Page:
Recently, there was a rather heated online debate about Florence, Italy, on whether life here is being portrayed as too perfect, and shouldn't be. Some comments ensued to the effect that Florence was actually a downright awful place for expats to choose to live. Others pushed back by listing Italy's long list of attractions, and so the debate went on.
Which is it? Is life in Italy the dolce vita, riding on a scooter with your hair blowing in the Tuscan breeze, or one of Dante's nine circles of Hell?
Italy and I have had a serious relationship for three years now. It may not be one of mutual affection, but I love her madly, and she allows me residence.
Because I love her so, I feel comfortable in telling you, she is not perfect. Italy has aggravating faults and irritating habits that may not be in line with the sweet life you are picturing.
It's true; you can't just waltz through Peretola Airport and expect homemade pasta and stunning vistas without a little sacrifice. You will have to earn the right, sometimes through sheer determination, to stand at Piazza Michelangelo and inhale the pink sunsets. It won't always be pretty. But for me, it has been worth it.
It's all perspective, I guess, but here are a few of her downfalls in my book:
DRIVING/PARKING: This is utter chaos, with no regulations enforced or rules followed. Value your shiny new vehicle, or your life? Everyone is seemingly outrunning the bulls of Pamplona in their own miniature tin world. This full speed race occurs while drivers are simultaneously talking on the phone, smoking and leaning out the window to "gesture" and yell at other drivers.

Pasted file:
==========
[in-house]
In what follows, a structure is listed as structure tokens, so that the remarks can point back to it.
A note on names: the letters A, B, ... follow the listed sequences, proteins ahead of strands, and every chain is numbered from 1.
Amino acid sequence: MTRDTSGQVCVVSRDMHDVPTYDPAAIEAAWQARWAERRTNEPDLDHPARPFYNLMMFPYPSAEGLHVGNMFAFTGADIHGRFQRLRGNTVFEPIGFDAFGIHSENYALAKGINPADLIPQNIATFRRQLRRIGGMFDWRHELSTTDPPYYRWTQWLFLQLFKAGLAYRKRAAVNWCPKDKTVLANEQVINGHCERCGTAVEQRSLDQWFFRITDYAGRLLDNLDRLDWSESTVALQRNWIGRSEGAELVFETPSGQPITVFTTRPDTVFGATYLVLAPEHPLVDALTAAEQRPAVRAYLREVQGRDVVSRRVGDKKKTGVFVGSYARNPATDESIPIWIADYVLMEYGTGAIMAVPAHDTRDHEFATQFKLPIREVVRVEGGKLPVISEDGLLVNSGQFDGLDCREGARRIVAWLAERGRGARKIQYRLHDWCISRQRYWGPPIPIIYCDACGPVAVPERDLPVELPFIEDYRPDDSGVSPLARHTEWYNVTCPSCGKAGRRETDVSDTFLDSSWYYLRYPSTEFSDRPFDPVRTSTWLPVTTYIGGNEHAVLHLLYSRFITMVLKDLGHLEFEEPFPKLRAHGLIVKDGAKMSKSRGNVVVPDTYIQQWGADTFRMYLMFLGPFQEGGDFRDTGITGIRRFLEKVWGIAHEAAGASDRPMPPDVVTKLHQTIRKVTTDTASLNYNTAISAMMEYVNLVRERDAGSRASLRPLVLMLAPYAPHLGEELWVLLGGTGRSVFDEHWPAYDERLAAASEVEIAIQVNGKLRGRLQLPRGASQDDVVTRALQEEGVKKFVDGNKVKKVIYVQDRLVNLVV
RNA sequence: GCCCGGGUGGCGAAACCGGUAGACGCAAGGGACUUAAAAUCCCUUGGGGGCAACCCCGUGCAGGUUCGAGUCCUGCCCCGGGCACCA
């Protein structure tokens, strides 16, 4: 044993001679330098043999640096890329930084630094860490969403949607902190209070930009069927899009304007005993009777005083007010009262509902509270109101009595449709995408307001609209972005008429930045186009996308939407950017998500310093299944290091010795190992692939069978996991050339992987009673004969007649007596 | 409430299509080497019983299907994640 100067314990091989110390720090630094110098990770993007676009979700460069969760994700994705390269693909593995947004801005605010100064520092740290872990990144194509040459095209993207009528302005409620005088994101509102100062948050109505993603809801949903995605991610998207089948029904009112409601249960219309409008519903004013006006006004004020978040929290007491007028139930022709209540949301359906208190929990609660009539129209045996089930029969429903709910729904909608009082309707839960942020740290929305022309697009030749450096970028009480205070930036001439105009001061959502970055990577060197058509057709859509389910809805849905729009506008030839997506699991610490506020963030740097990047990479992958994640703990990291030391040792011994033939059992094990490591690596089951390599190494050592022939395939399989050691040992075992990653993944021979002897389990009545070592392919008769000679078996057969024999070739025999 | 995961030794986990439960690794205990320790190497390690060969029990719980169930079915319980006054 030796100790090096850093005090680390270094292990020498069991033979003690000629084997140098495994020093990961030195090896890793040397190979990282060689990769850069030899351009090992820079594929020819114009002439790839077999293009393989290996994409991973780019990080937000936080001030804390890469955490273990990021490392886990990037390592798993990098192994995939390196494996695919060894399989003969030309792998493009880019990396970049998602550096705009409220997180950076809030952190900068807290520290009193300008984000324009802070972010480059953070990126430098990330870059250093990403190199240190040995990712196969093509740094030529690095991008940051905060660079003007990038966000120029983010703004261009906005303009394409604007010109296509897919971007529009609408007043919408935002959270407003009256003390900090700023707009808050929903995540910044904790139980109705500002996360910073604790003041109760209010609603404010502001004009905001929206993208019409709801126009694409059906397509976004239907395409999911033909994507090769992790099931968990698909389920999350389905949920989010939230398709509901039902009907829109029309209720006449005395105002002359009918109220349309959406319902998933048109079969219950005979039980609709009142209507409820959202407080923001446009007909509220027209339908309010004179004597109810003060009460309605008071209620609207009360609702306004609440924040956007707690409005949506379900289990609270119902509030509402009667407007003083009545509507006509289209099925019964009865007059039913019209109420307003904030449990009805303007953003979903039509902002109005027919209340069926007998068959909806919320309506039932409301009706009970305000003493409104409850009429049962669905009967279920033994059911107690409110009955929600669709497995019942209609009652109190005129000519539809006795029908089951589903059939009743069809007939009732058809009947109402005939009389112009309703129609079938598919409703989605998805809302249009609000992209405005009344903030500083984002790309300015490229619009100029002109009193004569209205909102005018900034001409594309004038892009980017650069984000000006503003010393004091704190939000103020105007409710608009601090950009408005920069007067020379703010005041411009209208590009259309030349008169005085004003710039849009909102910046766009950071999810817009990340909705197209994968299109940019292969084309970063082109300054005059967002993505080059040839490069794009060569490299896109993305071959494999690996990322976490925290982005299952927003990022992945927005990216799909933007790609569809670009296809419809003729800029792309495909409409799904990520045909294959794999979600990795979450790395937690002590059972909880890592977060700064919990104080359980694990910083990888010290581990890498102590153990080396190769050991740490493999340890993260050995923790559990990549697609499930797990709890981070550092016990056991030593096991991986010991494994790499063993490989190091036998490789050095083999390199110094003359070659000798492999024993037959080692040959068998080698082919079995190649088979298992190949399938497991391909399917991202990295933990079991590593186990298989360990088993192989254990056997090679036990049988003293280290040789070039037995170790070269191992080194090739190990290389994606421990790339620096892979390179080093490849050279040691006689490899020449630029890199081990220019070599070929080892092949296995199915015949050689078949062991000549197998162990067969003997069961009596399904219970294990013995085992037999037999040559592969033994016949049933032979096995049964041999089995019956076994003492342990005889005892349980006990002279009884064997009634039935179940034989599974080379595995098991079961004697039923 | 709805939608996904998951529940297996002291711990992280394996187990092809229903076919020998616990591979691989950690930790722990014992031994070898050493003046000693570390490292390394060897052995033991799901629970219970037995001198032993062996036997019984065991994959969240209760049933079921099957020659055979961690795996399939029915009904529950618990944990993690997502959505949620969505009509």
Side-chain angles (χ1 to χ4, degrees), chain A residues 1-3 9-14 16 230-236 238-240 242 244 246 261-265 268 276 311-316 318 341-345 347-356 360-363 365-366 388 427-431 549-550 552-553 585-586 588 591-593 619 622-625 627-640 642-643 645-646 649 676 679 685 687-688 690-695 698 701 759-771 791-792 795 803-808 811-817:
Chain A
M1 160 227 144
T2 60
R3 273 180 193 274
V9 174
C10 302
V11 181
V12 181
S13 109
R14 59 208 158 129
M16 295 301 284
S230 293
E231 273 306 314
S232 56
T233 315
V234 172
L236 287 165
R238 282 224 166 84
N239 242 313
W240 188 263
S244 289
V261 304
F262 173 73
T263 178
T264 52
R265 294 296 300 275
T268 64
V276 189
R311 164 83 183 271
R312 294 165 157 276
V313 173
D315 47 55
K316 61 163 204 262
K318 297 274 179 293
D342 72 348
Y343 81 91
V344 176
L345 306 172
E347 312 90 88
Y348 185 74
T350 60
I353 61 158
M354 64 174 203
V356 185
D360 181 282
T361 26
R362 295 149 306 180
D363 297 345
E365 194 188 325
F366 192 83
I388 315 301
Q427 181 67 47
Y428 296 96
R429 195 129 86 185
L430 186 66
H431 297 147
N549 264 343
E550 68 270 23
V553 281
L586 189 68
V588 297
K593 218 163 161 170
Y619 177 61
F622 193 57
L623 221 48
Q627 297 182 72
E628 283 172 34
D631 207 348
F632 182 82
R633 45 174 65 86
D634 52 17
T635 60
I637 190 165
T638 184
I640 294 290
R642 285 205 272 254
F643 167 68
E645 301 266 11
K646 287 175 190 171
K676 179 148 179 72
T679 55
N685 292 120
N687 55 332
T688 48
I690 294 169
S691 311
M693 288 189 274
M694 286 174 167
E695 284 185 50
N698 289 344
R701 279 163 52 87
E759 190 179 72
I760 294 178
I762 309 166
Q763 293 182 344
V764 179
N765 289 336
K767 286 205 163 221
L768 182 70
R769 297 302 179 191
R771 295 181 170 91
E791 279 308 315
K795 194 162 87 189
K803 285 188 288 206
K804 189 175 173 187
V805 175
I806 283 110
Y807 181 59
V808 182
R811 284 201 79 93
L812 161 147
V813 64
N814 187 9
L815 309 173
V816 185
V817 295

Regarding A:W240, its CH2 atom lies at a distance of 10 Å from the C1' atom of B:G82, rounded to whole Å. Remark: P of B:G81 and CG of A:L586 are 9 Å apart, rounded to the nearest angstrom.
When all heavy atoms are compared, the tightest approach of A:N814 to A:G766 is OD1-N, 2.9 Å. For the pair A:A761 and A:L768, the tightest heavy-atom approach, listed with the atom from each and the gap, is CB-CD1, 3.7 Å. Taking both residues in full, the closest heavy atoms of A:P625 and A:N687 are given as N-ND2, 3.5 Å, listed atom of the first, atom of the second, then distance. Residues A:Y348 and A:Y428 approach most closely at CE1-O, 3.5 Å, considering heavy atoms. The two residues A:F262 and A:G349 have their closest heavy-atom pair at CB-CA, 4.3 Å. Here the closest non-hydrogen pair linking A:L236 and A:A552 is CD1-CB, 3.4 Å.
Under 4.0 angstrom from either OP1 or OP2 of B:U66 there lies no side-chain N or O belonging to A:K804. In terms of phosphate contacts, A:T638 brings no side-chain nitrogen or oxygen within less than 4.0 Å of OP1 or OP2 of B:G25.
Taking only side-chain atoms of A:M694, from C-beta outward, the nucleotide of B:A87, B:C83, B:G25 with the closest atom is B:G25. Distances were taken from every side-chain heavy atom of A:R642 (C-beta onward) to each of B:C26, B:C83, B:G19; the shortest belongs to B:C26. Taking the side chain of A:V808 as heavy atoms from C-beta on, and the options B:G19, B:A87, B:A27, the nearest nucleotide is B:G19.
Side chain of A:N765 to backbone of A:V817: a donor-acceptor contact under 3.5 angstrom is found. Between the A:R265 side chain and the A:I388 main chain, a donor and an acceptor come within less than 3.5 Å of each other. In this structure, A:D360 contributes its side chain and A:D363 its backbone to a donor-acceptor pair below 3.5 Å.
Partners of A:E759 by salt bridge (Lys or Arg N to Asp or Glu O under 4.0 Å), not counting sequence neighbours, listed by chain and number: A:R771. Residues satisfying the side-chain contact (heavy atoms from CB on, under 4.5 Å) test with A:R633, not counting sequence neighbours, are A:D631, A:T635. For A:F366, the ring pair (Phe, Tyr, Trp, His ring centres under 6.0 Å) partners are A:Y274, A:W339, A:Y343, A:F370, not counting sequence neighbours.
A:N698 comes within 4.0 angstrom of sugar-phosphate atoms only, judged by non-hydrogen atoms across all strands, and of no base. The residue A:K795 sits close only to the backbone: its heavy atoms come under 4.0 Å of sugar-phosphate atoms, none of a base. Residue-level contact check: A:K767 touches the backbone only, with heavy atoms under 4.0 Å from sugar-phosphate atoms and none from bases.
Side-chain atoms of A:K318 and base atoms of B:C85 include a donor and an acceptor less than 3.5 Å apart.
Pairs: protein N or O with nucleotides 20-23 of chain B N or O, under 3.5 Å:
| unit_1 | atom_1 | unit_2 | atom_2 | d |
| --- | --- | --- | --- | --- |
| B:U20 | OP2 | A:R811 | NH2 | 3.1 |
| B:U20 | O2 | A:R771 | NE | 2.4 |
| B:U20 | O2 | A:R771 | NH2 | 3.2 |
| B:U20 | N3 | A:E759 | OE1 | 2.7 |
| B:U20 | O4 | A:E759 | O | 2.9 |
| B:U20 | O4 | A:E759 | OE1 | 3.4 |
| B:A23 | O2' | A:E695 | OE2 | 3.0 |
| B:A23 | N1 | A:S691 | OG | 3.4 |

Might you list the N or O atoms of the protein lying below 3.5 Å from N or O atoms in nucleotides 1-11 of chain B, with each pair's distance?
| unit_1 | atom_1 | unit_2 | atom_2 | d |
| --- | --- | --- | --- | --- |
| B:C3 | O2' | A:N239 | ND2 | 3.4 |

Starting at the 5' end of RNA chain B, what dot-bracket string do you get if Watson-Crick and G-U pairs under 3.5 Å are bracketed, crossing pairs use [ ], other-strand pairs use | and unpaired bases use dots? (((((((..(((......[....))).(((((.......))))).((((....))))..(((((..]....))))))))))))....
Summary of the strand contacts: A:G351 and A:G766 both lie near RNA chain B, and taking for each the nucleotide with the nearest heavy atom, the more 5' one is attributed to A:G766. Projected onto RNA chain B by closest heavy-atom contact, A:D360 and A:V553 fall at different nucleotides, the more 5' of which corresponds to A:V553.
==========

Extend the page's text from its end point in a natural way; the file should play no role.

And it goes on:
NUTELLA: In the land of exquisite food, this one remains a mystery to me. On and in everything, nutella reigns supreme. I've yet to be converted, but am clearly in the minority.
BUREAUCRACY: Whether it's the post office or navigating the governmental procedures to procure a Permesso di Soggiorno, it is utterly without a defined procedure. People will take a half day from work just to go to the post office. It seems that no one can stand in a line, few can wait their turn, and coffee breaks (theirs, not yours) bring any forward progress to a complete standstill.
HEALTH: Obsessed with their health and yours, Italians possess an uncanny amount of knowledge of internal organs and unusual diseases. All things relating to digestion are fascinating conversation and nothing seems too personal to discuss, even with casual acquaintances. Any cold, flu, or disease will immediately be chalked up to the change in weather.
DA SOLA: Alone. The word for lonely and alone is basically the same in Italian. In a country where cell phones are in constant use, and all grandmas seem to walk arm in arm with another, no one, apparently, is ever alone. From the barrista to the fruttivendolo, I can receive the sympathetic 'poverina' nod and obligatory asking if I am still da sola.
SIDEWALKS: Street cleaners must have the most secure job in Florence. As if the cobblestoned, uneven sidewalks wouldn't be challenging enough, many Florentines can't be bothered to clean up after their dogs. Sidewalks so narrow that two can't easily walk side by side, are often littered with papers, bottles, and overflowing garbage cans.
A half dozen reasons why Italy may not be paradise, and a reminder that being an expat here, or anywhere else, probably isn't for everyone. For me, however, Italy remains glorious, and (almost always) worth the effort!